Hi, I am delurking too. I have a three year old and I navigated that tough terrain. I found that offering two choices vs. many choices helped with the meltdowns. So, instead of saying, “What would you like for breakfast?” Saying “Do you want toast or Os for breakfast?” If the answer is mandarin oranges, then respond, “That is a great idea. Maybe we will do that tomorrow. Today your choices are Toast or Os.” Or, “That goes great with either of toast or Os.” Some battles aren’t worth it, obviously. But we stopped having meltdowns that way. And by setting boundaries and rules that are non-negotiable, i.e. hitting other people, animals, or ourselves. I don’t know how much advice is too much, so I will stop there. I just read that this time feels crazy to 18-24 month olds. They want to be independent, but get afraid of their independence. That makes sense to me. They really need and want boundaries, even though they fight them every step of the way. I just feel like they test them to be confident that the rules of their universe always work. Every time they hit, the same thing happens. Every time they cry, the same thing happens, i.e., Mama doesn’t buckle and give me a lollipop for breakfast. Good luck, mama.

  9. says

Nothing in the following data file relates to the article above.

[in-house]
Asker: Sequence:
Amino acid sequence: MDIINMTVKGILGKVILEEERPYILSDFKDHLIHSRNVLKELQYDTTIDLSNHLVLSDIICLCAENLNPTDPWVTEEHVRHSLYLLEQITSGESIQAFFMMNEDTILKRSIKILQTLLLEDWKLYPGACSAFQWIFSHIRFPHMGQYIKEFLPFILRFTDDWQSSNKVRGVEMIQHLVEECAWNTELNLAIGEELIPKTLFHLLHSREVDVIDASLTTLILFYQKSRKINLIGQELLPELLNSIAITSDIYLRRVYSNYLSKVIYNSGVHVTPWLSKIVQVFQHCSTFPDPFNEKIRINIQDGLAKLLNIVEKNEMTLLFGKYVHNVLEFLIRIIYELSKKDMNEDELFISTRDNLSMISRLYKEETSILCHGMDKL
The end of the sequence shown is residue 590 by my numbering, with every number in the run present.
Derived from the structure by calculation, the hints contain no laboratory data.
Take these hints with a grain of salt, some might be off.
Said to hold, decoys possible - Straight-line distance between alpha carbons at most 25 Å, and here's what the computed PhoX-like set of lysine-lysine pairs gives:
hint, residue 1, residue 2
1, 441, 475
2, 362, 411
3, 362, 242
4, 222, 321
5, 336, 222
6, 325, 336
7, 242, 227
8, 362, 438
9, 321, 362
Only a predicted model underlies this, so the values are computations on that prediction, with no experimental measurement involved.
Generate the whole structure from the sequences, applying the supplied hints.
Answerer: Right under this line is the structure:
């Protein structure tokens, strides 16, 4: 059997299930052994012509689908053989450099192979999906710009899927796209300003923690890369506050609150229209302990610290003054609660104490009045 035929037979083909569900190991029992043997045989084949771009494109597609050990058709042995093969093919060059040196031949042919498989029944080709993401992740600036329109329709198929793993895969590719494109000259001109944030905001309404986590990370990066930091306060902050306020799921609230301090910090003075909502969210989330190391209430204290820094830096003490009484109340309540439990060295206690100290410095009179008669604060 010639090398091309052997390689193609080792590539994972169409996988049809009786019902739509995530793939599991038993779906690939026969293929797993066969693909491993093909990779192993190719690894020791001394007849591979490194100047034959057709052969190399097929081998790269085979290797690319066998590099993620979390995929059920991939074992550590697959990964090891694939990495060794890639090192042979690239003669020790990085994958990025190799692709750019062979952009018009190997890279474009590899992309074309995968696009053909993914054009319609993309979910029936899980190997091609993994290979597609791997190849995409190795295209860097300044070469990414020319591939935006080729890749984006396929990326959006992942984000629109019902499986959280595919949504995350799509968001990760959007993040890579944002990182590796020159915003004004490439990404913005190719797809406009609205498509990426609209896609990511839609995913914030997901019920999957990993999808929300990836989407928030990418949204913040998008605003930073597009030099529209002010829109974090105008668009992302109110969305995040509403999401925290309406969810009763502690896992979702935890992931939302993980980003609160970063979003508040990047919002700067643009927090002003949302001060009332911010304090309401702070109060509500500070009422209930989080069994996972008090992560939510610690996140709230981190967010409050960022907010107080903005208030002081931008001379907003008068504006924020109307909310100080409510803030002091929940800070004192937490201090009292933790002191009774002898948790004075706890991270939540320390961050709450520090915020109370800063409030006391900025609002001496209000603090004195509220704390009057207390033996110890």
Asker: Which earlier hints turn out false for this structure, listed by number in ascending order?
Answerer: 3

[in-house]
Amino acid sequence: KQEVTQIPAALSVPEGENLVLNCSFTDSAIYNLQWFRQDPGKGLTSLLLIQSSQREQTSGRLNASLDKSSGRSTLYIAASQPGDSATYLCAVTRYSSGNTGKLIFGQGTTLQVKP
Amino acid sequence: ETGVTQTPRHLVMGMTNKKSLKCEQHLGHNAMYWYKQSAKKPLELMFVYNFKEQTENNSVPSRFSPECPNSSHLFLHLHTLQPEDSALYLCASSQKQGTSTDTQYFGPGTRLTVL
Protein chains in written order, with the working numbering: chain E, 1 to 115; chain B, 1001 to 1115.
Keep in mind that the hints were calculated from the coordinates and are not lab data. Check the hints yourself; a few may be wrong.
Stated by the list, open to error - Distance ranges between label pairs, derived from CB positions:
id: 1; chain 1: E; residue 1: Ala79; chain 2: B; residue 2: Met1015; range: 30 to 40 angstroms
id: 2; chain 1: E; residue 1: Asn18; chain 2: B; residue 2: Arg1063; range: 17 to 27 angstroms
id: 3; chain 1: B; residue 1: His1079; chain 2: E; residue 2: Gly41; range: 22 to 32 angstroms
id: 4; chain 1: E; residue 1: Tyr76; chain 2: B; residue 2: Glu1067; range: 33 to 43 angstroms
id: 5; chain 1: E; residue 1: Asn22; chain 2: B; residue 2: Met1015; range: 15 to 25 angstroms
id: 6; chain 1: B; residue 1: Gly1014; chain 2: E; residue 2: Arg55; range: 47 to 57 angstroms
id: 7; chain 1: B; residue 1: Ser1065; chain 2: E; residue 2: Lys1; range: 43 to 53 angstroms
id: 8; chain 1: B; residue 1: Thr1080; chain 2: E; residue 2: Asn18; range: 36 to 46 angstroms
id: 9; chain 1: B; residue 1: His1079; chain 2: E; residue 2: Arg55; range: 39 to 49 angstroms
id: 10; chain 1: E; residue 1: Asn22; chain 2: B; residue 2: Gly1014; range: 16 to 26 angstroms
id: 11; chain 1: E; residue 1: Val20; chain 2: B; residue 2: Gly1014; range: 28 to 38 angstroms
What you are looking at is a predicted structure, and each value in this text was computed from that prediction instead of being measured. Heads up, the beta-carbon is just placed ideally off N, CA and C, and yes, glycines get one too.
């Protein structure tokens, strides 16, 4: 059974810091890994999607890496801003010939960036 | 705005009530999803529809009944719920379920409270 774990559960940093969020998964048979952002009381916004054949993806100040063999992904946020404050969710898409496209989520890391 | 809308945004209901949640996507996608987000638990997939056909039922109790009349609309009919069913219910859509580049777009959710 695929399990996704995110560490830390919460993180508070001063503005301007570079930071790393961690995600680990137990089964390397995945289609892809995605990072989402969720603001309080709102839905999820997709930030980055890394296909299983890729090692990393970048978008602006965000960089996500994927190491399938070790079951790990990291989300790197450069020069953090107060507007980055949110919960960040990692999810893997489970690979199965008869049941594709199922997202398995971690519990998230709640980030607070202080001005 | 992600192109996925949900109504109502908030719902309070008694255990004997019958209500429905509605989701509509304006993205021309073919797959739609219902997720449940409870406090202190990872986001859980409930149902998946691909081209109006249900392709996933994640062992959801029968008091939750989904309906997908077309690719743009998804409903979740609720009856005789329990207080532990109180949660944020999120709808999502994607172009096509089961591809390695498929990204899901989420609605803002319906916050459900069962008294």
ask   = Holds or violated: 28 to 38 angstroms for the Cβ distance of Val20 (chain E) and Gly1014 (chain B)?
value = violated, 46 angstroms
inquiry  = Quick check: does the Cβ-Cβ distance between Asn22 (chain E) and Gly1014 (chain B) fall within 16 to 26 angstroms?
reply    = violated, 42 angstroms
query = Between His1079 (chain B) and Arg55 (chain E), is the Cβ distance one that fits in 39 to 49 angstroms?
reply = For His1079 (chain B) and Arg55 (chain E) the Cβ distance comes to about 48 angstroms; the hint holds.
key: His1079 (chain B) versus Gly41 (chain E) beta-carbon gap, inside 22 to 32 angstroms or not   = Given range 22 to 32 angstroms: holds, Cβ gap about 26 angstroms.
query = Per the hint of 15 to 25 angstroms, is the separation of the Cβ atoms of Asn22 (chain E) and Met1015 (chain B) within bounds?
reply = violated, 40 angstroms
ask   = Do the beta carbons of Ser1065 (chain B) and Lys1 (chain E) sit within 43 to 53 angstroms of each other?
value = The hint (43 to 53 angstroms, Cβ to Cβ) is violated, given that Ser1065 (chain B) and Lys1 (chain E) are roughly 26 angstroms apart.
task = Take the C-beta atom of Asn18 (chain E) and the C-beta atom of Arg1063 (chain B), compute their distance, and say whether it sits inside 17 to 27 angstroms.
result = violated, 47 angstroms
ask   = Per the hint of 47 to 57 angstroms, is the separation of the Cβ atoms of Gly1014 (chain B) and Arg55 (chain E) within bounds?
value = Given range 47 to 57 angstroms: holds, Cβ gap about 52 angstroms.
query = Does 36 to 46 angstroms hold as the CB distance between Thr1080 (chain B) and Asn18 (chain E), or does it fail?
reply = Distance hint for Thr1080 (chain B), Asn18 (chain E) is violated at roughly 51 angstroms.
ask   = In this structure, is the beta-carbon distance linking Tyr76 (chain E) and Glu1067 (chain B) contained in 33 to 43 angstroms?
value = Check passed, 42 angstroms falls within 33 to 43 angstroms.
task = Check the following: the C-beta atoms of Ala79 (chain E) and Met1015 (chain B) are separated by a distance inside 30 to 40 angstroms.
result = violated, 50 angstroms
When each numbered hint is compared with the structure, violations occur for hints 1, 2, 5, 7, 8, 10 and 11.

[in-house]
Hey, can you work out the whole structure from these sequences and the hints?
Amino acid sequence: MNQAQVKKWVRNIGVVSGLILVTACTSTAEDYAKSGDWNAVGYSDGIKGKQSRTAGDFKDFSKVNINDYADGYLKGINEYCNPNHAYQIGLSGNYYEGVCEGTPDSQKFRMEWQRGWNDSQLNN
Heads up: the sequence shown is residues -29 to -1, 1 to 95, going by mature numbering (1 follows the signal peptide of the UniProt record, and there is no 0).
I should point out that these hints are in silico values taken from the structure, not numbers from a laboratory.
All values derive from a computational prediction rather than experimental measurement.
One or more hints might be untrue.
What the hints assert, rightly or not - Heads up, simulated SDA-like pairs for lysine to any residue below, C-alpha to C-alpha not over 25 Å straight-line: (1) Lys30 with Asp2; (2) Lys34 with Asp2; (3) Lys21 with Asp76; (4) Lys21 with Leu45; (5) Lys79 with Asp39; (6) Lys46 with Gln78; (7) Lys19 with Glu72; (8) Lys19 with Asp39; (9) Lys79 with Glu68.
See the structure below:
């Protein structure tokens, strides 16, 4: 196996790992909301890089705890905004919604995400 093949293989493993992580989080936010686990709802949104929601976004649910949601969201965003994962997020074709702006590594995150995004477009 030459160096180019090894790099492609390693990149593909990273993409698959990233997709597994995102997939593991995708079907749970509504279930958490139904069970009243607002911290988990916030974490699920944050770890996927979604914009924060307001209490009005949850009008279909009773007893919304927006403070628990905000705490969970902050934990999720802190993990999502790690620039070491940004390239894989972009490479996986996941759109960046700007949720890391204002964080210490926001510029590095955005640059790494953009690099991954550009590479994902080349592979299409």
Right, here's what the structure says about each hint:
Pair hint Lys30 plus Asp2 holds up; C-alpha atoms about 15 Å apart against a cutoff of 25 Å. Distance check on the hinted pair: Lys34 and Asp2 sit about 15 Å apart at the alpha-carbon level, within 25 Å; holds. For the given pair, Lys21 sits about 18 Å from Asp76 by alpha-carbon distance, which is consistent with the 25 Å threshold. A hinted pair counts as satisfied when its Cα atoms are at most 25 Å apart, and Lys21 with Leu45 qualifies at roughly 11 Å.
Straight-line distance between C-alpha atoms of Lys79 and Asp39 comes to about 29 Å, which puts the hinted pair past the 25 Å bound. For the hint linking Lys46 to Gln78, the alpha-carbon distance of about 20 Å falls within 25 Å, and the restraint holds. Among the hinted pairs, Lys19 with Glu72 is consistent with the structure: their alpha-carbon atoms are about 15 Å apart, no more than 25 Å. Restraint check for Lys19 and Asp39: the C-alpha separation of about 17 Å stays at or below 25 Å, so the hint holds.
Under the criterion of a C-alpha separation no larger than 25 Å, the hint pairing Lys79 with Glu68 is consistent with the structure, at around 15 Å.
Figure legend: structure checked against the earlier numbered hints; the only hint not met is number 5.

I wish I could remember what that stage was like. My girl was pretty easy, and she’s working her way through absolutely constantly annoying here at 4. She likes to throw fits and whine. She’s started being picky about what she eats. I guess she’s mostly acting like an 18-24 month old, but worse because she also talks back to me. So what I’m saying is, get used to it?

    No, calmly ignoring the tantrums and limiting choices is good. Repetition is good for toddlers too, so try to develop a routine and don’t deviate from it. You’ll be OK.

  10. Heather says

    My daughter turns 6 in a few months and I went through this also. It started when she was about 18 months. The first thing I can say is stand your ground no matter what, even if you child ends up screaming. I gave in and had to back peddle later with her. From the time my daughter was 2 1/2 -4 she didn’t want to go to sleep, stay asleep all she wanted to do was sleep in my bed. Now I don’t have a problem with my child sleeping with me from time to time but every night doesn’t work. My best friend from high school let her daughter sleep with her all the time and her daughter was 12 before she got to sleep by herself again. There were nights that I put my daughter to bed at 7pm and it was 11 before she was asleep and it was a given she would end up in my bed at some point in time. This went on for months. I finally got her to sleep with lots of putting her back into bed and as for her sleeping with me she and I talked about it. She only sleeps with me when she is sick, has a bad dream or earns a special night in mom’s bed. I also started telling her an hour before bedtime that it would be time for bed in an hour and did a count down, then 45 minutes, 30 minutes, 15, 10, 5, 2 this worked great. I also told her that when it was time for bed it would be go potty, brush teeth, story and lights out. If she had a melt down and didn’t do what was asked of her she started to lose favorite items. It was little things like no story or one of her stuff animals or her special blanker. This took awhile to work but I still use it to this day. I let her know it is bed time she tells me potty, teeth and book. She now gets it!